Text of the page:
Rome, Aug 17 (IANS): Pushed by a weaker euro and higher prices, Italy's public debt has reached an all-time high at mid-year, the Bank of Italy announced.
The Public Finance Supplement of the bank's monthly bulletin, released on Tuesday, said debt totaled 2.766 trillion euros ($2.812 trillion), the highest it has ever been in absolute terms. The total is 1.9 per cent higher than the 2.714 trillion euros ($2.759 trillion) at the start of the year.
A weaker euro has been one of the contributors to the rising debt level, as most of Italy's debt is priced in euros. In late June, when the data in the Bank of Italy report was tabulated, the dollar and euro began trading on roughly equal footing with the dollar briefly surpassing the value of the euro multiple times in July.
Higher prices have been a mixed factor to the growing public debt, the Bank of Italy said.
Higher prices have pushed tax revenues higher: the Bank of Italy report said tax revenue has increased by 11.9 per cent in the first six months over the same period in 2021, adding an additional 23.2 billion euros ($23.6 billion) to government coffers.
But inflation combined with other factors such as political uncertainty in the country and worries about the economic impacts of the Ukraine crisis have pushed bond yields to their highest levels since 2014. As of Tuesday, the yield on Italy's benchmark 10-year government bonds was 3.135 per cent. That is down from a peak of over 4 per cent in mid-June, but up from 1.089 per cent at the start of the year.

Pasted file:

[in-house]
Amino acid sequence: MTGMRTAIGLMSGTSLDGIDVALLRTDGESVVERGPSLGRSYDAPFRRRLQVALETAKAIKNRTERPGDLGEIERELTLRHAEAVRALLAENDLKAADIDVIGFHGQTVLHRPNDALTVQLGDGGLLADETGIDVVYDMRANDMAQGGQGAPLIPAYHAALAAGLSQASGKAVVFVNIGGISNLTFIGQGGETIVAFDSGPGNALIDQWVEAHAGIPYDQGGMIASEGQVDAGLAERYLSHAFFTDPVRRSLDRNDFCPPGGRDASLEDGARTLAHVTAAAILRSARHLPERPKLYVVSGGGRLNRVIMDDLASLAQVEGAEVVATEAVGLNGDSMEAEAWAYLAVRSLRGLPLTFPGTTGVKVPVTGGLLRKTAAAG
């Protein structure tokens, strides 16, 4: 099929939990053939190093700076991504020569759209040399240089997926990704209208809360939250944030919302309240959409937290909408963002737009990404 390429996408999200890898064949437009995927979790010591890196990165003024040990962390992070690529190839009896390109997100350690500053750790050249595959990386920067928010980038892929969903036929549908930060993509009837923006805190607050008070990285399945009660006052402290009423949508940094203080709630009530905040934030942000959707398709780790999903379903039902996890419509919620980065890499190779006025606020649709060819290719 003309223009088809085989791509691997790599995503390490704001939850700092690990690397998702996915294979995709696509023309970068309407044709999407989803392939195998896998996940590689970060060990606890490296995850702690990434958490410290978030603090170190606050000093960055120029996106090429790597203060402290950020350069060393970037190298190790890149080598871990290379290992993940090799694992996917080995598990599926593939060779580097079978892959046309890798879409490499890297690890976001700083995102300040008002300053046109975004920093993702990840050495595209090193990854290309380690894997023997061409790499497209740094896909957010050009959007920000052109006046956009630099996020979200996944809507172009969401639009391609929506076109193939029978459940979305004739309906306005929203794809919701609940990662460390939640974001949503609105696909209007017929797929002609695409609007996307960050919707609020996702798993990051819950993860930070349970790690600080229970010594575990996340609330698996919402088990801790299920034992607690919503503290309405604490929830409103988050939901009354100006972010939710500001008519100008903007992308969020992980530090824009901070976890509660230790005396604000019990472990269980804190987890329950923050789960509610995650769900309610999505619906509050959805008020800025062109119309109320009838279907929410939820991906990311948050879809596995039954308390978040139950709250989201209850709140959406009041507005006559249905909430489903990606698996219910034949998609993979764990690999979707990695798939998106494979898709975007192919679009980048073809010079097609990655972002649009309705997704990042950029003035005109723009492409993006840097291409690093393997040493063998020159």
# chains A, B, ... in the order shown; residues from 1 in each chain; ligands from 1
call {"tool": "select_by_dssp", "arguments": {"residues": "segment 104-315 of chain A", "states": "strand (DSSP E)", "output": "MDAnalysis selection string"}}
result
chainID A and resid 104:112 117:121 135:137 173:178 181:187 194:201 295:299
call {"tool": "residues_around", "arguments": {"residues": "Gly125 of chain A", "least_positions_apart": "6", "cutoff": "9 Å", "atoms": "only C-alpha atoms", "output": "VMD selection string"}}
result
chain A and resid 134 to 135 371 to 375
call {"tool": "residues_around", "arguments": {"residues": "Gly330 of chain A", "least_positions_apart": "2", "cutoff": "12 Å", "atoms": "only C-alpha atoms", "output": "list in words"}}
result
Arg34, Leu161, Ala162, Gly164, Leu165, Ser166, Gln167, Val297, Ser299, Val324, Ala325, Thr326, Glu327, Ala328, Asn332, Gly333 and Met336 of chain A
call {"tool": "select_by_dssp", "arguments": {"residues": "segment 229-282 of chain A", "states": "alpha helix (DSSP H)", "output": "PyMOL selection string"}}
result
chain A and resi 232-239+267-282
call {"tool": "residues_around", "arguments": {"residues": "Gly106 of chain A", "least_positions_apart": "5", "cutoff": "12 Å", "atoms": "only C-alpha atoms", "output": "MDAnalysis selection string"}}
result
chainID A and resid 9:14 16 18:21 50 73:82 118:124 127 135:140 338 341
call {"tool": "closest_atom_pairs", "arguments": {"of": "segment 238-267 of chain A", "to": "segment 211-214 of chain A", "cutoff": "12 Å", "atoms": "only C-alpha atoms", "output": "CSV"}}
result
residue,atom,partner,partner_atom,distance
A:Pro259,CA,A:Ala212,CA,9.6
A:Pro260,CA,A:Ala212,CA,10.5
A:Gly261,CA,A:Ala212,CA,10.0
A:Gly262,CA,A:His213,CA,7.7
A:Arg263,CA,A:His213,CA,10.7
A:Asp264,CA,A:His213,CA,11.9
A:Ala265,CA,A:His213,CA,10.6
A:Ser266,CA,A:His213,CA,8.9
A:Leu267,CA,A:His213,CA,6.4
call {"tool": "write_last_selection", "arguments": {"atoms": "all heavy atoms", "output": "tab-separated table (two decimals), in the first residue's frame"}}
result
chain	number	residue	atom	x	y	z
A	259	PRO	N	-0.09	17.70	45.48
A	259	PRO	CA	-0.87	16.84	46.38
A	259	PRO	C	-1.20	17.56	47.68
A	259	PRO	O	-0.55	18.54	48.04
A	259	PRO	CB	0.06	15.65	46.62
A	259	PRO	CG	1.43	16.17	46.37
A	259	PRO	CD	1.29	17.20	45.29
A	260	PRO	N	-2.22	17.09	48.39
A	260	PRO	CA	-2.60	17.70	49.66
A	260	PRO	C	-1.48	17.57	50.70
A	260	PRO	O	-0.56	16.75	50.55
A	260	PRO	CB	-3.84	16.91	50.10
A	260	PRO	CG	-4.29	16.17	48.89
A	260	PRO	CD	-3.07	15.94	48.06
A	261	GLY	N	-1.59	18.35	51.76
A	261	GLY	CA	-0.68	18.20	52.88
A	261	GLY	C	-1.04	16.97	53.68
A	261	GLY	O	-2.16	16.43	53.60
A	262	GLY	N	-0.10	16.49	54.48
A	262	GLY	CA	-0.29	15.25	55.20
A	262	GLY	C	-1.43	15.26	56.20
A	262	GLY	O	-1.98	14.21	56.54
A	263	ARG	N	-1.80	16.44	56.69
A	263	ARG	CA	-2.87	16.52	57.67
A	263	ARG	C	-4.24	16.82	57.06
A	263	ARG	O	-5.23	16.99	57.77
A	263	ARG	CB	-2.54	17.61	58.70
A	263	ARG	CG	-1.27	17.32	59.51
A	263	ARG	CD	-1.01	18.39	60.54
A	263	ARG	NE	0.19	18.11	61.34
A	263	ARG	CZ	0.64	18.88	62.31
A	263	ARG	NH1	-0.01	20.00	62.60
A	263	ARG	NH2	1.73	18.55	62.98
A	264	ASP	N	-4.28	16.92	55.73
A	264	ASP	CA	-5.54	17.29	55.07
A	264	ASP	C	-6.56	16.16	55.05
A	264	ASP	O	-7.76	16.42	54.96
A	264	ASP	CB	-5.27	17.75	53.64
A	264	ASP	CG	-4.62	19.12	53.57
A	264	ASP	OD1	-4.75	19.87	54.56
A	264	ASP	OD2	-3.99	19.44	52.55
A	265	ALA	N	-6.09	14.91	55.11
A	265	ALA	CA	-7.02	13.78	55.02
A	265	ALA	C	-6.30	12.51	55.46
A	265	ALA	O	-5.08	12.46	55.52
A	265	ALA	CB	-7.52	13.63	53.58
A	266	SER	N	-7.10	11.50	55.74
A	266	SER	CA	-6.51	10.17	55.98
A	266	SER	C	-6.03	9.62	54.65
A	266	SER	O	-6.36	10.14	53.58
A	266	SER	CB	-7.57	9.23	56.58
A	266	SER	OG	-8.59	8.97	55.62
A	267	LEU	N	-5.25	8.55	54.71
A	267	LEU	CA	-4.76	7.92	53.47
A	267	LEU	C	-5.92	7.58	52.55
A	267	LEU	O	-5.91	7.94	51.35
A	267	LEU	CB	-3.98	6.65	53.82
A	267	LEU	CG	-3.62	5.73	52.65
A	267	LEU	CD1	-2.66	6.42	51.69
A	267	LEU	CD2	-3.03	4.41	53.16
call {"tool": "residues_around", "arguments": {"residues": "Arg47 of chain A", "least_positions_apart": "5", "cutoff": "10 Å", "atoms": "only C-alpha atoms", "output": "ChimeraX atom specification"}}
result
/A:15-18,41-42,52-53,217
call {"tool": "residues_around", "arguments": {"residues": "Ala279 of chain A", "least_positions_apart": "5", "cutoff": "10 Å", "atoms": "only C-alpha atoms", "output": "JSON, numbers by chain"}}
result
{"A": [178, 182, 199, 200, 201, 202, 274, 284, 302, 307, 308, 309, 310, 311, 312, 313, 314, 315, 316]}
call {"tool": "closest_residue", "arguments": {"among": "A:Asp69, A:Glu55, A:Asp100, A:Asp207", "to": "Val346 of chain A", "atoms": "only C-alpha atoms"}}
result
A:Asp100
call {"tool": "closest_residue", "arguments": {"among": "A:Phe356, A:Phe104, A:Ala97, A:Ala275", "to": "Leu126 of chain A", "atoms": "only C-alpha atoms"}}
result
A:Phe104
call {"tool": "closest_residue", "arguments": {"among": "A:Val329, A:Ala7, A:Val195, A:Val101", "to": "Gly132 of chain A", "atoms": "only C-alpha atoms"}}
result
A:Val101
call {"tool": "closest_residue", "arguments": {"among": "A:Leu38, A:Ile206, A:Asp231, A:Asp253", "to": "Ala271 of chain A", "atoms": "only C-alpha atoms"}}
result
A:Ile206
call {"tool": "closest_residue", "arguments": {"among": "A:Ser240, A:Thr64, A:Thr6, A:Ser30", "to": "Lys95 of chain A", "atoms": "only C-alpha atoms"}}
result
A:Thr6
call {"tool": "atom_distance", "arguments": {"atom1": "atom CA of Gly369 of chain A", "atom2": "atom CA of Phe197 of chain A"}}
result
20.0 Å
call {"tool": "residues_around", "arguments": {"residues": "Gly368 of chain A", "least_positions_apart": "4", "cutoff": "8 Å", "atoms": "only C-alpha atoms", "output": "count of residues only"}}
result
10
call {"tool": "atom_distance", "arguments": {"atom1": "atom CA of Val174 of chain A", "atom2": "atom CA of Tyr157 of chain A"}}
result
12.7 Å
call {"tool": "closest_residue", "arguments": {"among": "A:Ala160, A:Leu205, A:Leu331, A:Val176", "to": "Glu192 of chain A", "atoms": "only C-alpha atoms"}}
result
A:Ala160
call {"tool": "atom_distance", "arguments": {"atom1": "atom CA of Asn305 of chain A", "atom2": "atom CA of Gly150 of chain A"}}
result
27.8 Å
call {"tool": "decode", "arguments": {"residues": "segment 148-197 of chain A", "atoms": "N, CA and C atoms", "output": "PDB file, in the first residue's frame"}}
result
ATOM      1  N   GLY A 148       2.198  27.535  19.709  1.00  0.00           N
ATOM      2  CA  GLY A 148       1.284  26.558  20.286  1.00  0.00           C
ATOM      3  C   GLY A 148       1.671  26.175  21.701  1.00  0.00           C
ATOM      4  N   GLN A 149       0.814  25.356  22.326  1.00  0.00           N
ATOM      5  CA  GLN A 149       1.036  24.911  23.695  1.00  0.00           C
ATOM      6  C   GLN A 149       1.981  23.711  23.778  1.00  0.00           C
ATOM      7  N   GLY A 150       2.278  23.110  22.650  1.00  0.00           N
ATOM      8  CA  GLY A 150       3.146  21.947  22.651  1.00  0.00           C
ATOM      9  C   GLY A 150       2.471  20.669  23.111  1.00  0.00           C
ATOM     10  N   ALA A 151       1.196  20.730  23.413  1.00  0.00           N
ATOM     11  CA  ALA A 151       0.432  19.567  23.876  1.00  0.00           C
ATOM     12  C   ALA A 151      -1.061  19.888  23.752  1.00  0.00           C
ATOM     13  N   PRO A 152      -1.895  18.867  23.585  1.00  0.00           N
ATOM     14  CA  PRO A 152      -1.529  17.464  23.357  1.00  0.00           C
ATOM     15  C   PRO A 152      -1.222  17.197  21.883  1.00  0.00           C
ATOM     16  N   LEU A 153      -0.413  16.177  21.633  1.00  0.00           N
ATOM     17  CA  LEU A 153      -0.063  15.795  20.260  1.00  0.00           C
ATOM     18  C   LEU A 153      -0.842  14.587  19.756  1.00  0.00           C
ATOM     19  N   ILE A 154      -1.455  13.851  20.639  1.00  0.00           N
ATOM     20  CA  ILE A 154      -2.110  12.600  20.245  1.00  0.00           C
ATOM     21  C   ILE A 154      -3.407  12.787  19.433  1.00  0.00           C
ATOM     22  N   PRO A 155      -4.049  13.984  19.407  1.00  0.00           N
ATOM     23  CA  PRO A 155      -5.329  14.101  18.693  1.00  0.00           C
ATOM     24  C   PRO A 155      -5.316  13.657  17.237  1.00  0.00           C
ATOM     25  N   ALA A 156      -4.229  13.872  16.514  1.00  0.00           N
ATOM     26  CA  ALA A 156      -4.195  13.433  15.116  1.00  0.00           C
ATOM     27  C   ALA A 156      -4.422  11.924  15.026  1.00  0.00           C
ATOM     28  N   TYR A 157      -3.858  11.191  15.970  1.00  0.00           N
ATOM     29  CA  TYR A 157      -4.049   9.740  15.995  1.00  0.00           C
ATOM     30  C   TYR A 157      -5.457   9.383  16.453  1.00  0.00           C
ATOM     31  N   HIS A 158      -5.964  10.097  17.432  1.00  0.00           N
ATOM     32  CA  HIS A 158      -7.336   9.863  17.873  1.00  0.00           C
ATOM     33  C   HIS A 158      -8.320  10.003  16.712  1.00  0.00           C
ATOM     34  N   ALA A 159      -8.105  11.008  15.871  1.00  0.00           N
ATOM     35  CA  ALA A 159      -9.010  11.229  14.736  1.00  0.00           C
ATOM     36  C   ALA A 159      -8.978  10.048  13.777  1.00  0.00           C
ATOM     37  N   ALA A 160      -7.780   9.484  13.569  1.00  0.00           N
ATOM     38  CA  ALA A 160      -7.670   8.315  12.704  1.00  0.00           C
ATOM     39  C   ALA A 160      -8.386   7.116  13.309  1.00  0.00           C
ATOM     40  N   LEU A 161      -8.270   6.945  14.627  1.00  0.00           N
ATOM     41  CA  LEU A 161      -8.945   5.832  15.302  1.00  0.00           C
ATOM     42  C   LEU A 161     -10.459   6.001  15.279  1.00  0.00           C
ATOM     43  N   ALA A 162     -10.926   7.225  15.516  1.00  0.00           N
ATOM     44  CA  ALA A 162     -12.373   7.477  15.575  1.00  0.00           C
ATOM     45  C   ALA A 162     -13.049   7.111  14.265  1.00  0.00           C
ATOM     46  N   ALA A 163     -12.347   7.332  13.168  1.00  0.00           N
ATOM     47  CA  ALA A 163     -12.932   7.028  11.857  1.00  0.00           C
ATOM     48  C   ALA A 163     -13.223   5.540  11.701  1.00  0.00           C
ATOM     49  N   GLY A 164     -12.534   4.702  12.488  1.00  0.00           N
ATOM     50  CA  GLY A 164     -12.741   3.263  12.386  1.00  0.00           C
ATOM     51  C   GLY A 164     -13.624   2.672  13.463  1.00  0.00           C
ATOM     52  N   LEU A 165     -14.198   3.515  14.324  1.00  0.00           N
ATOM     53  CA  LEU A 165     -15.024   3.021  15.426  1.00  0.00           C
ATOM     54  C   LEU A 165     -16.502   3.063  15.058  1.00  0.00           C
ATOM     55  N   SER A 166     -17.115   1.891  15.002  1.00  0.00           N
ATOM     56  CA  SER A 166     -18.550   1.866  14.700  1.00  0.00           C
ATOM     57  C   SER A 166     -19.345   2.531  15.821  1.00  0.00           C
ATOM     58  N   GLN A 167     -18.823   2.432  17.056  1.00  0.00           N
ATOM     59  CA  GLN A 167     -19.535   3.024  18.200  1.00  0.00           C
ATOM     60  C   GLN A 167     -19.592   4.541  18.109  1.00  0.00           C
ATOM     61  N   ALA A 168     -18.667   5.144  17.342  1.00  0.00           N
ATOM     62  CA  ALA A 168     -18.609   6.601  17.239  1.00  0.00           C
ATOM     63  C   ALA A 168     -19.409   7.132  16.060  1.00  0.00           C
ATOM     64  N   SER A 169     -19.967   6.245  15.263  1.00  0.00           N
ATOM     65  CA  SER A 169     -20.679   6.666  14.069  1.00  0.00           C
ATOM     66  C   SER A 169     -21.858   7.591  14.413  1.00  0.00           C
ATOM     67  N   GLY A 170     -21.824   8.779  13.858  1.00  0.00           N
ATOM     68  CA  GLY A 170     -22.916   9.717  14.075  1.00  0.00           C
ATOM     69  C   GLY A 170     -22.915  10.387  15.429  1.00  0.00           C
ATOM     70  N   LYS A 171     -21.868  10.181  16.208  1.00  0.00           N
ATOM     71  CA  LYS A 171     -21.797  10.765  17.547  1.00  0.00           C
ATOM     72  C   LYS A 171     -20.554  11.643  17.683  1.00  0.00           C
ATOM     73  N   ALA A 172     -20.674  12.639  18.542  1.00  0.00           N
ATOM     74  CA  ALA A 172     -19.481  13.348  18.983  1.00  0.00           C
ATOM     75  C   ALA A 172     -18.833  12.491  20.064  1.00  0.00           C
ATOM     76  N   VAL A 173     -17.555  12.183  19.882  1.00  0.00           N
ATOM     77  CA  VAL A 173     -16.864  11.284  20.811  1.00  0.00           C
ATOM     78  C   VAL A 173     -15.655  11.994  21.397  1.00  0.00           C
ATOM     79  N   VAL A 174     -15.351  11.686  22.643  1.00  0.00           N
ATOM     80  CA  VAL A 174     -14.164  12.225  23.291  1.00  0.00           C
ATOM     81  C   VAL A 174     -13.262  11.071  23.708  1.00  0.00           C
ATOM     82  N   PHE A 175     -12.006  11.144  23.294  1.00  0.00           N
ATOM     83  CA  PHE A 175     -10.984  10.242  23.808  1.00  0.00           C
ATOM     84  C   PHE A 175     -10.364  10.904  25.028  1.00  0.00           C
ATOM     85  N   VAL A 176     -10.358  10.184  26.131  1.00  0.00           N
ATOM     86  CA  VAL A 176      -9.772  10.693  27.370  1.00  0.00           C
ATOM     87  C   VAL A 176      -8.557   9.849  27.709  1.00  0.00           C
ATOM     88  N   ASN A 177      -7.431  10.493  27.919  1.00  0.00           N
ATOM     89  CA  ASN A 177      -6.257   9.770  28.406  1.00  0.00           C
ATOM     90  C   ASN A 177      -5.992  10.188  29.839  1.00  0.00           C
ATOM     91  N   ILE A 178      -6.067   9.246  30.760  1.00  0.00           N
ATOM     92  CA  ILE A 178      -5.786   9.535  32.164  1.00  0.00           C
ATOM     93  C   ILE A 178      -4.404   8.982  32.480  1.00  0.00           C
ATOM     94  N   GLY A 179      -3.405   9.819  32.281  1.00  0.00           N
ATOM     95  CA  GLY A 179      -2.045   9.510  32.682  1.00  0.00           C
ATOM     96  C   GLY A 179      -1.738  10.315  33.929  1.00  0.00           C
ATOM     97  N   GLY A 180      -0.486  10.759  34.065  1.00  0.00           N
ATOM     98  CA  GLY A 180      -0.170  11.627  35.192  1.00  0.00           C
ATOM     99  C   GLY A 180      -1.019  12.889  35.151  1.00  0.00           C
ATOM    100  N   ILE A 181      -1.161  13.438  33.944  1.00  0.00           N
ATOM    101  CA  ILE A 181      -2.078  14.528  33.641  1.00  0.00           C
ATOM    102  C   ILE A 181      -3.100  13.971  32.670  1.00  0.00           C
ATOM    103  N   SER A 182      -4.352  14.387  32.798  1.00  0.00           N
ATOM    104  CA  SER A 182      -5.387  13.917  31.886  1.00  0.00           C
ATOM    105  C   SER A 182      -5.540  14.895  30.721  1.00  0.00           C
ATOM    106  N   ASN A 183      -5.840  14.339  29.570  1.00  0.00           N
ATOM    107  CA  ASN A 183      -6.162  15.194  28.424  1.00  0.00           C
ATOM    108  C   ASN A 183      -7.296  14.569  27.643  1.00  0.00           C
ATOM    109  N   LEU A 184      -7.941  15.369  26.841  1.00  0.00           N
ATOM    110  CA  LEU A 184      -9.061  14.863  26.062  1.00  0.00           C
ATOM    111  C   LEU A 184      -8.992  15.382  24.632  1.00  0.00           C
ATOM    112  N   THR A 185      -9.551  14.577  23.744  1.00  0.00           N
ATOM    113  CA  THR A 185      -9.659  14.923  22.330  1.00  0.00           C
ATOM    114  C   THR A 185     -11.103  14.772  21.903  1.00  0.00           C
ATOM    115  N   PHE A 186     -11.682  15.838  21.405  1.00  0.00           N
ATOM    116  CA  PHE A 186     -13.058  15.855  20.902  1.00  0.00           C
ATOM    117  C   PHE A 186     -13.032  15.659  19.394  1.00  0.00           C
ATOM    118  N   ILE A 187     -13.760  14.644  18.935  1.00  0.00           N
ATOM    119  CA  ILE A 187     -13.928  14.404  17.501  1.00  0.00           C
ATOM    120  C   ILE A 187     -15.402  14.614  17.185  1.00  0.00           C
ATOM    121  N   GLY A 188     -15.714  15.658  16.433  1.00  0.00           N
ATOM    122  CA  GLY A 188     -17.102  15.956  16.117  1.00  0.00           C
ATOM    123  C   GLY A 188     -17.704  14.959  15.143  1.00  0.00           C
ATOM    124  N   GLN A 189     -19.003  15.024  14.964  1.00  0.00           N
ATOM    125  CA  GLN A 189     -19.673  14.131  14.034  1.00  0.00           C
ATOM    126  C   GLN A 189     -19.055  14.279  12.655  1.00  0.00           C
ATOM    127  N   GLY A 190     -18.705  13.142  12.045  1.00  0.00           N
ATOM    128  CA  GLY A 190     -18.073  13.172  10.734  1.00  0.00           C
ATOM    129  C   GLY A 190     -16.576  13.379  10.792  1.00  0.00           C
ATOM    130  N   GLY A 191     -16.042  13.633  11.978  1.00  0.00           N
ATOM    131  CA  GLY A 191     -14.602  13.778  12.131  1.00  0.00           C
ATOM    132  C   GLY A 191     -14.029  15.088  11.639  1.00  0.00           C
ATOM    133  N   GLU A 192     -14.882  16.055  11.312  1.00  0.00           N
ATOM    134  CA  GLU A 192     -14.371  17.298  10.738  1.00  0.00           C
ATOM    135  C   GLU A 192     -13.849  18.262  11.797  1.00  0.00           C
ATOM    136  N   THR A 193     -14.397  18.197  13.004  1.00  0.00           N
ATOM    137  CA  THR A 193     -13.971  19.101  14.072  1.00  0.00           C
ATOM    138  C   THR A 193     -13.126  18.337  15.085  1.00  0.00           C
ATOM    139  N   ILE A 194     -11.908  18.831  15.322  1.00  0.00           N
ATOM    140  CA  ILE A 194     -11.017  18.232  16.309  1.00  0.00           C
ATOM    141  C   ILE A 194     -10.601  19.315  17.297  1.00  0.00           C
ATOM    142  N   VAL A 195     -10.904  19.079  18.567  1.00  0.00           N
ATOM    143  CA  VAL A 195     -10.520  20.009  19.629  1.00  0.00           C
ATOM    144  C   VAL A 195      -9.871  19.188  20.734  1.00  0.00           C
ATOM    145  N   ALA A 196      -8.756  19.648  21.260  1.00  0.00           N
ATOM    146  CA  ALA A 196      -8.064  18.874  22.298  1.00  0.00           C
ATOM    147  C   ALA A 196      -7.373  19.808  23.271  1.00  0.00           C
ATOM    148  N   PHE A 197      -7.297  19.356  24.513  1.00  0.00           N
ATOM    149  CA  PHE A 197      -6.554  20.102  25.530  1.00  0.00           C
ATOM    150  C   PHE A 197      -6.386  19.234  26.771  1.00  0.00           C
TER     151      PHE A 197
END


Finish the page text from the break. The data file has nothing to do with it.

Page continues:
Higher bond yields, a reflection of investor nerves about a country's economic prospects, increase the government's costs for borrowing money.
Increased public spending is another major factor behind the increase in the country's debt load, as the government took steps to help the country emerge from negative economic impacts of the Covid-19 pandemic.
One factor helping Italy's debt-related situation this year is the return of tourism. According to the Italian JFC Observatory, tourist tax revenue is up nearly 80 per cent so far this year compared to the same period 2021, as the sector rebounded from the travel restrictions from the pandemic.